Joakim Ziegler: "When knocked with a spade, the wax-like bodies sound hollow.
Don't do that, then.
"

WHY WOULD YOU NOT?

"Guys! Guys! If I poke this corpse with a shovel, it sounds hollow! Check it out!"

Heinrich Kettler, who specializes in reconditioning soils that have become unsuitable for decomposition.

This guy's job is awesome. (Not sarcastic.)

After excavating the unusable soil, Linder fills the area with a "custom mixture of topsoil, woodchips and gravel."

Yeah, that sounds about right, but they should add French drains to keep the clay soil draining --

Finishing touches to the burial place include a drainage system with additional filter and seepage layers.

Oh, there's the French drains!
posted by Eyebrows McGee at 7:11 PM on April 23, 2015 [6 favorites]


I didn't see it mentioned in the article, so I presume the bodies are not being embalmed? Which, actually, is an interesting question- what are the worldwide statistics for embalming? For raw burials?

And since the article does mention it, what is it about death that's so taboo to the Germans? I thought they were fairly progressive? I know Americans can be pretty conservative about funeral practices (although I'm aware of the growing DIY home wake and green burial movement), who else has strong taboos about death?
posted by Queen of Spreadable Fats at 7:12 PM on April 23, 2015


When knocked with a spade, the wax-like bodies sound hollow.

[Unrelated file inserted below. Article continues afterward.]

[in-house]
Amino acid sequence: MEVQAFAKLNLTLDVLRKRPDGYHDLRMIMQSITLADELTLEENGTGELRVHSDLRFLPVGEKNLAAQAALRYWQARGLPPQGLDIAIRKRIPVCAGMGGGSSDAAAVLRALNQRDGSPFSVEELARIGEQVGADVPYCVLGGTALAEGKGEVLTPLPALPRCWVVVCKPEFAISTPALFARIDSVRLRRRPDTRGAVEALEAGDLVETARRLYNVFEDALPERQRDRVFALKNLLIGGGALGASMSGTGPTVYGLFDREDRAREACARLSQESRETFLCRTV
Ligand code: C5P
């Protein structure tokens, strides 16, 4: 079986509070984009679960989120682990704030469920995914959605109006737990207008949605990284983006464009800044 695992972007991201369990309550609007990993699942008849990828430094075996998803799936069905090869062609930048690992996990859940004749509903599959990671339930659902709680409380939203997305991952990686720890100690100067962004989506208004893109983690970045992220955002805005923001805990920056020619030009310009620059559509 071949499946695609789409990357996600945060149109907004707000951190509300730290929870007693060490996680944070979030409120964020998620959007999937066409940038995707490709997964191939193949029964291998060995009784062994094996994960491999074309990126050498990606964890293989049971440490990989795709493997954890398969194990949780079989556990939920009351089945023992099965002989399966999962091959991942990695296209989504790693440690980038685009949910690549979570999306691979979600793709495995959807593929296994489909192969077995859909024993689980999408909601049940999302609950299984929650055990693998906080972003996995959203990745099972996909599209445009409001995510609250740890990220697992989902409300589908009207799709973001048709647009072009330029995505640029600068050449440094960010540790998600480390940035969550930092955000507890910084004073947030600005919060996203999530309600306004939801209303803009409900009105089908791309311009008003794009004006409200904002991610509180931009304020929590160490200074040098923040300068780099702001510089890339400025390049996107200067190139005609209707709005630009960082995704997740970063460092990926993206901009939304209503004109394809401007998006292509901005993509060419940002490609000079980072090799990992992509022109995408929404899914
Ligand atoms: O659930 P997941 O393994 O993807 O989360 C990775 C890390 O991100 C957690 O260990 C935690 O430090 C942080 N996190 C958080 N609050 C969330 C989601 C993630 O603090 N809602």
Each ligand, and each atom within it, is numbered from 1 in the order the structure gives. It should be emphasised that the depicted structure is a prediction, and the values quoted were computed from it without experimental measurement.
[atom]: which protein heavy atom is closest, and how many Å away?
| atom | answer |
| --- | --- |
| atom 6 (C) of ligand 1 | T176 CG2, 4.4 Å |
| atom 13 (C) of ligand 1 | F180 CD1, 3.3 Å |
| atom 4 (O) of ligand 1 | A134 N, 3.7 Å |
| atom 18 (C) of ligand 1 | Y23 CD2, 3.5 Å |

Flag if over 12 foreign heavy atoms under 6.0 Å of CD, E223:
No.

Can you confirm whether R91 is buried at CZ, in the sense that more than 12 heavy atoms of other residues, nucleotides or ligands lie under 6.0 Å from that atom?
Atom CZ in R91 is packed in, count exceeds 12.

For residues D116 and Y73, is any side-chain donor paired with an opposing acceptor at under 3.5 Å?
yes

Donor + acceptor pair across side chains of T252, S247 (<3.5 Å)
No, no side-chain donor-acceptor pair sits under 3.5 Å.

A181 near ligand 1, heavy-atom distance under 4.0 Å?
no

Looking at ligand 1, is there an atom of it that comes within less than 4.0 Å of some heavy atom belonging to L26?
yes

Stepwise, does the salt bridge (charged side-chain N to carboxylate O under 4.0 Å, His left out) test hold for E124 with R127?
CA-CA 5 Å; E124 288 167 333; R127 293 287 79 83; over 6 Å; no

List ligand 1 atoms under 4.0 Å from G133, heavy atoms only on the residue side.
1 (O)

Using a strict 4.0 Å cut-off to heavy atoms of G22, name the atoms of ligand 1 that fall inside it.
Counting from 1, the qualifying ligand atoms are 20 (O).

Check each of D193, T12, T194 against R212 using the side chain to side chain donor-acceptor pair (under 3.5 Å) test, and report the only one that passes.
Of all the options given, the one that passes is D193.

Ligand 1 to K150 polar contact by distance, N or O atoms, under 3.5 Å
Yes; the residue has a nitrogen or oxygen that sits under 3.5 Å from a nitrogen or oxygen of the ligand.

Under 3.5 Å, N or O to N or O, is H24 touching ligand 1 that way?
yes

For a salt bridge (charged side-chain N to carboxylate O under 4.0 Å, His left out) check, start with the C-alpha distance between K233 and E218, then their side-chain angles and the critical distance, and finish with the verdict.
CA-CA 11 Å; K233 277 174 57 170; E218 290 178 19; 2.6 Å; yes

Don't do that, then.


Ok so how do you determine if a wax-like body is hollow then? Rapping it with your knuckle? Gross!
posted by turbid dahlia at 7:13 PM on April 23, 2015 [3 favorites]


Obviously you push too hard and plunge your hands into the suddenly broken chest cavity, whereupon it sprouts giant fangs and eats your wrists.
posted by Pope Guilty at 7:26 PM on April 23, 2015 [19 favorites]


That is the first sign of a zombie apocalypse...
posted by Alexandra Kitty at 7:27 PM on April 23, 2015


apparently die Deutschen simply ni' genug ess'n.
posted by dorian at 7:31 PM on April 23, 2015


When knocked with a spade, the wax-like bodies sound hollow.

"That's a hell of a set of tubular bells you got there, Jurgen."
posted by Alvy Ampersand at 7:36 PM on April 23, 2015 [9 favorites]


Madame Tussauds' Fill Dirt and Croissant.
posted by clavdivs at 7:40 PM on April 23, 2015 [2 favorites]


I intend to have my bones pulverized into a fine powder and used as fake prop cocaine in the movies.

My plan was to have a pub crawl up and down 6th Street in Austin with a portion of my ashes being deposited in ashtrays in every club. A round for the house in my memory would be tossed back at every stop. The idea was to see who lasted longer, my ashes or the mourners. But then Austin passed a no smoking ban and ruined my funereal plans. Back to the drawing board...
posted by jim in austin at 7:43 PM on April 23, 2015 [2 favorites]